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Earl Of Bute
Earl Of Bute
First Lord of the Treasury November 1762 - July 1763
Eton College Chapel
John Stuart, 3rd Earl of Bute, was born 25th May 1713, elder son of the 2nd Earl. After Eton, Bute considered himself an intellectual. He got on with quiet intellectual pursuits, such as corresponding with historians and naturalists about the flora and fauna, and economic history of the Isle of Bute, where he was born. No doubt he would have been quite happy with this kind of life, if it wasn't for a chance meeting with Prince Frederick, eldest son of George II. In 1747 there was a rain shower at Egham races. To pass the time until racing recommenced the royal party organised a card game, and needed a fourth player. Bute stepped into the breach. Thus began an involvement with the royal family, which continued beyond Prince Frederick's early death in 1751. Following their chance meeting Bute became tutor to Frederick's brother George, the new heir to the throne. In the privacy of the classroom Bute, always prone to pomposity and self importance, held forth about the corruption and wastefulness of government, and the evils of the Seven Years War being waged with France. George, an impressionable youngster, hung on his tutor's every word. In his own little world Bute seemed to have all the answers. Unfortunately George continued to believe his tutor had all the answers, even after succeeding to the throne in 1760 as George III.
Bute was clearly unsuited to a political career. Lord Shelburne said of him: "He was insolent and cowardly, at least the greatest political coward I ever knew. He was rash and timid, accustom'd to take advice of different persons, but had not sense and sagacity to distinguish and digest, with a perpetual apprehension of being governe'd...He was always on stilts... he felt all the pleasure of power to consist either in punishing or astonishing" (quoted by John Brewer in The Prime Ministers Vol 1 P 105). Bute was one of those people who constantly moaned about government, and then had his comeuppance when he was suddenly offered the chance to have a go himself. Naturally he was terrified, but perhaps out of a misplaced loyalty to George III Bute had a go, and became one of the most detested prime ministers ever. At George III's succession Bute had no experience of government, except for a few years in the House of Lords as a peer. On this shaky basis Bute was secretary of state within a year of George III coming to the throne. A year after that he was prime minister. In his short administration, which lasted less than a year, Bute moved to end the Seven Years War with France, and to end what he saw as political corruption. His desire to end the war culminated in Bute's only political achievement, the Peace of Paris, completed in February 1763. Today we might look upon these peace efforts more favourably, but at the time the Peace of Paris was not popular with a public who had enjoyed giving the French a hiding for the previous few years. This was also an age when mercantilist economics were still influential. The mercantilists believed that the key to fortune was to seize resources by military force and then establish a monopoly over that resource. The ideal of free trade between independent nations was still in its infancy. Stopping the war, and allowing the French to recover important economic resources, such as fishing grounds off Newfoundland, did not go down well with the merchant community. Meanwhile Bute's campaign against corruption didn't really change anything. In the mid eighteenth century there was no party structure to help maintain government discipline. In an endless and unequal struggle to achieve some kind of unity in Parliament, intimidation, bribery, the use of constituencies where one or a few men had control, were, quite frankly, the only tools available. Bute did make changes in the use of all these "corrupt" tricks of patronage, but all he really did was move the power of patronage away from the Commons to the Crown.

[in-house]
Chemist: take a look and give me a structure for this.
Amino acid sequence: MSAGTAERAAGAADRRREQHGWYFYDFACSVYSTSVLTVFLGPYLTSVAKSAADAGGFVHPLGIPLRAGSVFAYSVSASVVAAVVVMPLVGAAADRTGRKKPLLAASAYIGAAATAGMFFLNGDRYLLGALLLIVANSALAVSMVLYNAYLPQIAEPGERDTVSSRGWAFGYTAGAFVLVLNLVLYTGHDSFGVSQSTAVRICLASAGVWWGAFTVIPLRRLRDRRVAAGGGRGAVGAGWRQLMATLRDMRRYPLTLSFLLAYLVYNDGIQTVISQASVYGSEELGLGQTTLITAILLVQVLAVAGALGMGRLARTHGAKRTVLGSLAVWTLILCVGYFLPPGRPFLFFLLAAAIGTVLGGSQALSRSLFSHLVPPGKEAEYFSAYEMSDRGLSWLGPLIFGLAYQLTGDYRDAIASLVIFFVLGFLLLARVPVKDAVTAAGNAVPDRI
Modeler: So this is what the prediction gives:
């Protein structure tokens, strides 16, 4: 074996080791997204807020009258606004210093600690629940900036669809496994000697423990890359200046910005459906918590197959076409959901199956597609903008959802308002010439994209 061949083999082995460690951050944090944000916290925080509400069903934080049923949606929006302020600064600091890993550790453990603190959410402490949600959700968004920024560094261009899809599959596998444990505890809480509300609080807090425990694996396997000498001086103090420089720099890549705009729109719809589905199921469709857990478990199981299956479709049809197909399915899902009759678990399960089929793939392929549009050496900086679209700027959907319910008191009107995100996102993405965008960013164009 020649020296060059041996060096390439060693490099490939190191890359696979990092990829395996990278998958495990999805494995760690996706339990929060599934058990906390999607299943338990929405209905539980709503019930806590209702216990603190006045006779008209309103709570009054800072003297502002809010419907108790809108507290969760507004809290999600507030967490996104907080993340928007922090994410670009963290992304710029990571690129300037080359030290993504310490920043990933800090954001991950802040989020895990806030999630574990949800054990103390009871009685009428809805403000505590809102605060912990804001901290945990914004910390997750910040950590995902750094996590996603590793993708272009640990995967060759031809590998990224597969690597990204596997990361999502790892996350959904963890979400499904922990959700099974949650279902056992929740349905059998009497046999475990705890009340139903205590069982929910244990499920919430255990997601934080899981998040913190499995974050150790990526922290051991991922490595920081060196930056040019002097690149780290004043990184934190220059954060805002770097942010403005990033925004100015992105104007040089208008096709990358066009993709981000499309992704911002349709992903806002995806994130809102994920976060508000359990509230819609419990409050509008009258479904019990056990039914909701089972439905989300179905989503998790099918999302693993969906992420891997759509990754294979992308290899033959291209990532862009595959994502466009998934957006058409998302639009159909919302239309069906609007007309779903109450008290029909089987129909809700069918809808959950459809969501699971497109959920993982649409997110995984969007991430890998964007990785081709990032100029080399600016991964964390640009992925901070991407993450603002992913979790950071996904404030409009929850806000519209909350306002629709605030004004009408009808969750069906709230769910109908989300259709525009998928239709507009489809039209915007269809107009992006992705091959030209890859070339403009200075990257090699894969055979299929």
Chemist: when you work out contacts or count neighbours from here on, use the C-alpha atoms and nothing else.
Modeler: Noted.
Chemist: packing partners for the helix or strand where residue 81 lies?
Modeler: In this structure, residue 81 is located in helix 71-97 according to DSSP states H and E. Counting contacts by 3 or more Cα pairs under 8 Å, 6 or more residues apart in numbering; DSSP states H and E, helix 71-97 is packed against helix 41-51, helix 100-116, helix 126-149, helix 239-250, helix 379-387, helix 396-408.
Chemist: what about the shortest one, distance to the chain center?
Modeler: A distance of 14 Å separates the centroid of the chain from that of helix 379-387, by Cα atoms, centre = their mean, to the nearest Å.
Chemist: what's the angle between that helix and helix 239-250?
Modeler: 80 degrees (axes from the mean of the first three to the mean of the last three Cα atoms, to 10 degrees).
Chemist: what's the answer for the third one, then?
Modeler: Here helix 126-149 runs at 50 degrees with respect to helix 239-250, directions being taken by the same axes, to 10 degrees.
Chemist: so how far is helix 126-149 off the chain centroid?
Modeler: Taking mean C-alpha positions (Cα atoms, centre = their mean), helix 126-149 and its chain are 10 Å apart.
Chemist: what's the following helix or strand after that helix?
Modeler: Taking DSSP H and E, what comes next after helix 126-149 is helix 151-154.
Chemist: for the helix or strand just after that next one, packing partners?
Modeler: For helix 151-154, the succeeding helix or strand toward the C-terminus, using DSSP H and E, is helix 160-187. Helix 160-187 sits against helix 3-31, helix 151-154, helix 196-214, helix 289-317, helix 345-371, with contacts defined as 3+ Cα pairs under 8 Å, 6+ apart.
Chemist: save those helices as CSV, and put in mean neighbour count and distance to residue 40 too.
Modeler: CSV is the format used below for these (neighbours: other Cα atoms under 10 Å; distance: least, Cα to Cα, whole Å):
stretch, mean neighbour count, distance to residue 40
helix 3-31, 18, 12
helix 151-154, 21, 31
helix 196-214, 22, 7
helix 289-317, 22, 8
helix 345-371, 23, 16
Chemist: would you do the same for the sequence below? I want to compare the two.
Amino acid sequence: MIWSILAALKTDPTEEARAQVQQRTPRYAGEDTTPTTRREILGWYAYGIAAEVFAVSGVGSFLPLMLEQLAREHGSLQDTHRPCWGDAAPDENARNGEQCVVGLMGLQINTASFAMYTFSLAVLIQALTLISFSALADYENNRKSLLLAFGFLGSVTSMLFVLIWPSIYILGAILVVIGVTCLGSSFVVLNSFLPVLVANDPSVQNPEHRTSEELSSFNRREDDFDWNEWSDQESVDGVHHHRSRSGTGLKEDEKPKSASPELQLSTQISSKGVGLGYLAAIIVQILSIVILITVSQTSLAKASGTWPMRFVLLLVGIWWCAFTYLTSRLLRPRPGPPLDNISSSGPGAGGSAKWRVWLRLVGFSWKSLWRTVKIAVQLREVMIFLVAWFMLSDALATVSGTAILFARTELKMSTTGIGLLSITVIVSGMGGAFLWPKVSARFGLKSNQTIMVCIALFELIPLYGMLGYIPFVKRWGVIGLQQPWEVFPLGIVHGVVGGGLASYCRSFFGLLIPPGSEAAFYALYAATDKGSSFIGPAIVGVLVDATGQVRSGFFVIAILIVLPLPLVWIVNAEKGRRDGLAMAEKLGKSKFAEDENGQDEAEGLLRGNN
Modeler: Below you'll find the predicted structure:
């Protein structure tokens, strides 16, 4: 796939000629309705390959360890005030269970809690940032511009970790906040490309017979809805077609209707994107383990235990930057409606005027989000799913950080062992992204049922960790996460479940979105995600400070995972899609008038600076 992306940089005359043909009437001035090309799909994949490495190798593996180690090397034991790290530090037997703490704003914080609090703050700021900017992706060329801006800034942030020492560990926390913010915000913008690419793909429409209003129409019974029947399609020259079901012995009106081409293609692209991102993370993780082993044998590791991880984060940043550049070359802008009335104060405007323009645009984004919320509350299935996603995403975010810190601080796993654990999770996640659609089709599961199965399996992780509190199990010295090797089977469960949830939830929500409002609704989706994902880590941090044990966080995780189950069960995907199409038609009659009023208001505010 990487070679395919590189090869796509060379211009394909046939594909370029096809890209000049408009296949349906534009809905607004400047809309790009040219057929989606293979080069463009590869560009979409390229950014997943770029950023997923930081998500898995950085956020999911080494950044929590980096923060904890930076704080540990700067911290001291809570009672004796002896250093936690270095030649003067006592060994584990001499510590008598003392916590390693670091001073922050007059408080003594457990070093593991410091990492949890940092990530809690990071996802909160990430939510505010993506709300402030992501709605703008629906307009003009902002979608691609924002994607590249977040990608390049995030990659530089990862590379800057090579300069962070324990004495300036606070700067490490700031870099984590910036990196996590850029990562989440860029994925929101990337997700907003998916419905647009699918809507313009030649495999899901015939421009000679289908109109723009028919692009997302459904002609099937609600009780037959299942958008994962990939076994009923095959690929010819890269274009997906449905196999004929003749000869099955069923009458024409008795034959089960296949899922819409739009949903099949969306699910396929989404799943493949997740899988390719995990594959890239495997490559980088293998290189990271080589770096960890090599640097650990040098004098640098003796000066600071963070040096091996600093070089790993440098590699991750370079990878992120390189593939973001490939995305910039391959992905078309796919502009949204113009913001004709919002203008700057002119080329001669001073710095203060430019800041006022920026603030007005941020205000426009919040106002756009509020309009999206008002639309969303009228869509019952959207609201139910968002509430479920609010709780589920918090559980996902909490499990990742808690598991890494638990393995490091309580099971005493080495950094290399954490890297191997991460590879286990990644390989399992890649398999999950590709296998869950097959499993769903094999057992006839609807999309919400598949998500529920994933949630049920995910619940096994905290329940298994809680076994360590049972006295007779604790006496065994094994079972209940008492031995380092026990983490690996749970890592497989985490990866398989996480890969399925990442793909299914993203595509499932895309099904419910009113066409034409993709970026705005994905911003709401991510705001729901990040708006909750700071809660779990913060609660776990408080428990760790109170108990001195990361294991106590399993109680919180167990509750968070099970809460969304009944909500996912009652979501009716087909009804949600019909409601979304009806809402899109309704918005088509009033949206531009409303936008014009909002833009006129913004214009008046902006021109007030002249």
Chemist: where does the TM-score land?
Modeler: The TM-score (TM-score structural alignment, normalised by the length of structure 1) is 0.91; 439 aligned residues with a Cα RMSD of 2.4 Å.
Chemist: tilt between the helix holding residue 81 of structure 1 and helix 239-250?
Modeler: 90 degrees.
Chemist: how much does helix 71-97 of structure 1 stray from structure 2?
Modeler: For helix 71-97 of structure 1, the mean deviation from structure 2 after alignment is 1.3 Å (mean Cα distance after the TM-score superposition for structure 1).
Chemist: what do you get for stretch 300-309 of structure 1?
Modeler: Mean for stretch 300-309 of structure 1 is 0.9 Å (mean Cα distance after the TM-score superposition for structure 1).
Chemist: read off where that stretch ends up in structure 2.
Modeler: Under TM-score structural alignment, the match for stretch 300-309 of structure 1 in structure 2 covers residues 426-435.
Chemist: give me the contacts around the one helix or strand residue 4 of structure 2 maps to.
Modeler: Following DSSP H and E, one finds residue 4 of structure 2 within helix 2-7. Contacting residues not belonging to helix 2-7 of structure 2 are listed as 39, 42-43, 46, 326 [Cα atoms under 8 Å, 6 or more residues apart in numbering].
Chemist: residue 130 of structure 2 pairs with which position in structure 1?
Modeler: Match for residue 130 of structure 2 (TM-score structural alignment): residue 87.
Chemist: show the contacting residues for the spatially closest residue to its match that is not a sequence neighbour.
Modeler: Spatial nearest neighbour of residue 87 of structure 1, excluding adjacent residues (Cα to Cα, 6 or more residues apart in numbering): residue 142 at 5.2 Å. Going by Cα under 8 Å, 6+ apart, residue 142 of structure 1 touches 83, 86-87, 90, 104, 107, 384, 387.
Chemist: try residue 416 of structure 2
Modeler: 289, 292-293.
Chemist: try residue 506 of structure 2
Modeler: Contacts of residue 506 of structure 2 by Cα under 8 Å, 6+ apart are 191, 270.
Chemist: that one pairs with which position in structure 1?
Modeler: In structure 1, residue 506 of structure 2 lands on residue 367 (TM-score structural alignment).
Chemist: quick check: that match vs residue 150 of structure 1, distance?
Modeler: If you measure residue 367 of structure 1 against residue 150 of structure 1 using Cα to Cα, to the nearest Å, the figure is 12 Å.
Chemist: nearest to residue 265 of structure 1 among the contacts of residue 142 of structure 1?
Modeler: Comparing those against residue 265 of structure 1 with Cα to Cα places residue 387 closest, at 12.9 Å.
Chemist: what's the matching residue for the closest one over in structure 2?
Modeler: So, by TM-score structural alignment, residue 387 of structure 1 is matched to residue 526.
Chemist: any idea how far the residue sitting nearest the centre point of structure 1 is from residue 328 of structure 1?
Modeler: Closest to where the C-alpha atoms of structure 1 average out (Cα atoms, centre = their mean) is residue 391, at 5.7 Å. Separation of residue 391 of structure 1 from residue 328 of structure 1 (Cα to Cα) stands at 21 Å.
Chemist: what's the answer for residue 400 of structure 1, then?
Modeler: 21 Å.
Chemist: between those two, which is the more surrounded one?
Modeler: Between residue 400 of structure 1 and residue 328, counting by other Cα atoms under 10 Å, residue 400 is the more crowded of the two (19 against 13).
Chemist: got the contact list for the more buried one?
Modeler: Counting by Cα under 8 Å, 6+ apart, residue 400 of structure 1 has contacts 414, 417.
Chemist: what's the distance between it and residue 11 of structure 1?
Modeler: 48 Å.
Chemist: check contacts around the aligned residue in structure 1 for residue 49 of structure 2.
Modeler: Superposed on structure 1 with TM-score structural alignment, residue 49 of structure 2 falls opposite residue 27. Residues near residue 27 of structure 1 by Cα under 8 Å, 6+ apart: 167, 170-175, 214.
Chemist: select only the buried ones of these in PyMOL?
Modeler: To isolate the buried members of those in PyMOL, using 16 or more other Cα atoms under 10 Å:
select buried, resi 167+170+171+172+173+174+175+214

Hated by politicians and the public, Bute resigned after eleven months.